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SkinMM
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PostPosted: Sun Apr 06, 2014 12:35 pm 
 

Auch wrote:
That's a great thing to say in a perfect world but ignores the reality that colonizing or conquering countries have done a lot to destroy or erase other cultures and identities. So attempts to recapture those cultures are markedly different than oppressors/conquerors reinforcing their privileged position.

And besides, I didn't say there was anything wrong with nationalism/patriotism, the pursuit of identity or culture, I was positing a possible reason for the conflation of nationalism with national socialism and fascistic or racist ideas.


The reality is that legitimating nationalism for some and not for others is in itself unequal treatment and a potentially oppressive act, if identity/nationalism were to be a good thing.


Last edited by SkinMM on Sun Apr 06, 2014 1:41 pm, edited 1 time in total.
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DennisDemoniarch
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PostPosted: Sun Apr 06, 2014 12:37 pm 
 

...and the thread starts to unravel haha


Last edited by iamntbatman on Mon Apr 07, 2014 10:58 am, edited 1 time in total.
How not to contribute: Exhibit A.

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Panflute
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PostPosted: Sun Apr 06, 2014 1:19 pm 
 

nasum wrote:
:o

What the hell? So, being born with a dick and being male now requires special word to notify those two match? :o


Basically. But fortunately this sugar-coated terminology has not really caught on outside the US (yet) except among practitioners of gender studies and other pseudoscientific disciplines.
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Desperta_Ferro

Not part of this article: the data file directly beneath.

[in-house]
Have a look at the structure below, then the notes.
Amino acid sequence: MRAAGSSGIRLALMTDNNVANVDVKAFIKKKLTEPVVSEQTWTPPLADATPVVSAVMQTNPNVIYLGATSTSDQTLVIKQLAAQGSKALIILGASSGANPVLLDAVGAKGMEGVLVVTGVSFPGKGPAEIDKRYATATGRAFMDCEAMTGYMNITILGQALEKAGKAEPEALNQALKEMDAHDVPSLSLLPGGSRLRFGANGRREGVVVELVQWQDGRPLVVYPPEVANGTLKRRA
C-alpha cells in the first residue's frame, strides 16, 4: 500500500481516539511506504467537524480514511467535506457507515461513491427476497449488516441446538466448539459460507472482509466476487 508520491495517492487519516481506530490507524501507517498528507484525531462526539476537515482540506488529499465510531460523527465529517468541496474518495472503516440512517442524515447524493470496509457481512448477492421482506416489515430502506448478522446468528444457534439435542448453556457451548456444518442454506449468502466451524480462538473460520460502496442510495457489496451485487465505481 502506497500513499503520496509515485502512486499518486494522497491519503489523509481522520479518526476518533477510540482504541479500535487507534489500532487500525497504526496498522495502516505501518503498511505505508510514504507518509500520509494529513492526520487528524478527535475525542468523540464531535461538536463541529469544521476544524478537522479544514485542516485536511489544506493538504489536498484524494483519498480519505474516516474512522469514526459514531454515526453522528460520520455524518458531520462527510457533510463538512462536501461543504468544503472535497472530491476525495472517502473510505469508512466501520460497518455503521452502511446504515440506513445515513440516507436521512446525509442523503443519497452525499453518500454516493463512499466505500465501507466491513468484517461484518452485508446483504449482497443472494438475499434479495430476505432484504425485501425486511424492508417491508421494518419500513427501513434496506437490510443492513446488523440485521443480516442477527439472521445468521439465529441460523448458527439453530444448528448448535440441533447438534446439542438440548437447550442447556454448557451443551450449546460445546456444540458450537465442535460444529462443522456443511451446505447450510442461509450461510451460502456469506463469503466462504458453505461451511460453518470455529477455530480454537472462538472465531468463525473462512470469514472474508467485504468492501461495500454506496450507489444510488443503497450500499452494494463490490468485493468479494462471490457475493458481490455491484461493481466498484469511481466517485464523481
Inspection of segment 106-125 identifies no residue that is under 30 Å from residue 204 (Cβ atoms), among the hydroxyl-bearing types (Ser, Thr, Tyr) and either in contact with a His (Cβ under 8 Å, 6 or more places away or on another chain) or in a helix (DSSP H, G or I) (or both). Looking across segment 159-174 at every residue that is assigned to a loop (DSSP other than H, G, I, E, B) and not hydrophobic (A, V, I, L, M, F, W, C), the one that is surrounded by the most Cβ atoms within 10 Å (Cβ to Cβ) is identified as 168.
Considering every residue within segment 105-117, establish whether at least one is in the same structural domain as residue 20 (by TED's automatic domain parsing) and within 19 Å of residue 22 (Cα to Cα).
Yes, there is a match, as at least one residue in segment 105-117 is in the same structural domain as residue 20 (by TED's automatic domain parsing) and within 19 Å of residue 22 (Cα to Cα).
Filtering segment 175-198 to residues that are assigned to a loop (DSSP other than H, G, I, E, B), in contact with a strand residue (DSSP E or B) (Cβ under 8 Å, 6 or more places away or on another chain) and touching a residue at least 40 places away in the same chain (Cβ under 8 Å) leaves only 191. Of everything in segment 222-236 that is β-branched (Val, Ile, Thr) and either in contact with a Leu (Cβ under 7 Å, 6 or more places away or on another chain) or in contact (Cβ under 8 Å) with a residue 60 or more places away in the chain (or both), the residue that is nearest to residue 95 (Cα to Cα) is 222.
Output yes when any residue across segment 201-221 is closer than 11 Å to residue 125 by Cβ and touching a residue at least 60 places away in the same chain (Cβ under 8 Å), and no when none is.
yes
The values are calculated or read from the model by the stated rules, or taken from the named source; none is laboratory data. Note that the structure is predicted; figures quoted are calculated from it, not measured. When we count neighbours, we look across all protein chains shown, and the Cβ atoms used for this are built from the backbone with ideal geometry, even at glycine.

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PostPosted: Sun Apr 06, 2014 2:15 pm 
 

I wonder if the so-called academics who use that kind of terminology realize how removed they are from reality, high up there in the ivory tower.

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Auch
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PostPosted: Sun Apr 06, 2014 4:53 pm 
 

Desperta_Ferro wrote:
I wonder if the so-called academics who use that kind of terminology realize how removed they are from reality, high up there in the ivory tower.


Ah yes. Because no one outside of "the ivory tower" identifies "trans-" (which cis- developed in response too).

But sorry for bringing it up I guess. I was just trying to think of some more reasons why nationalist black metal and NSBM often get treated as the same thing.

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iamntbatman
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PostPosted: Mon Apr 07, 2014 10:55 am 
 

The derail stops now.
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Le Fossoyeur
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PostPosted: Sun Apr 13, 2014 4:35 pm 
 

nasum wrote:
Jean-Marie le Pen and his daughter, Marine le Pen, are not so extreme in sense that very few people give attention to them. In 2012 Marine le Pen won 17% of votes in presidential elections, and it's presumed party is supported by 10-15% of voters at the moment.
Famine supporting le Pen seems so natural for member of band like Peste Noire, he might wish some Indoeuropean heathen politician to appear and support Famine's views on Satanism, Christianity and heathenism, but that's not gonna happen, right? So he opts for most similar option.

I'd say Famine is just typical modern right-wing European, who love their country above all, despise Christianity and all similar religions, no matter Christianity is part of French identity for centuries. They worship past of their countries, and want to return their country to former glory which, combined with their anti-Christianity, means wanting to return his country to heathen pre-Christian times as religion but not to tribalism which goes with primitive religions. They hate modern 'decadence', but fail to see how 'decadence' comes from rejecting Christianity and Christian values, thinking they can have medieval chivalry, code or whatever if they'd make people worship their respective nationality. Worshipping your nationality is same shit as worshipping Jesus or Allah, believing what benefits your country will benefit you. It really requires leap of faith, modern nationalists require stronger faith than your local churches to be accepted.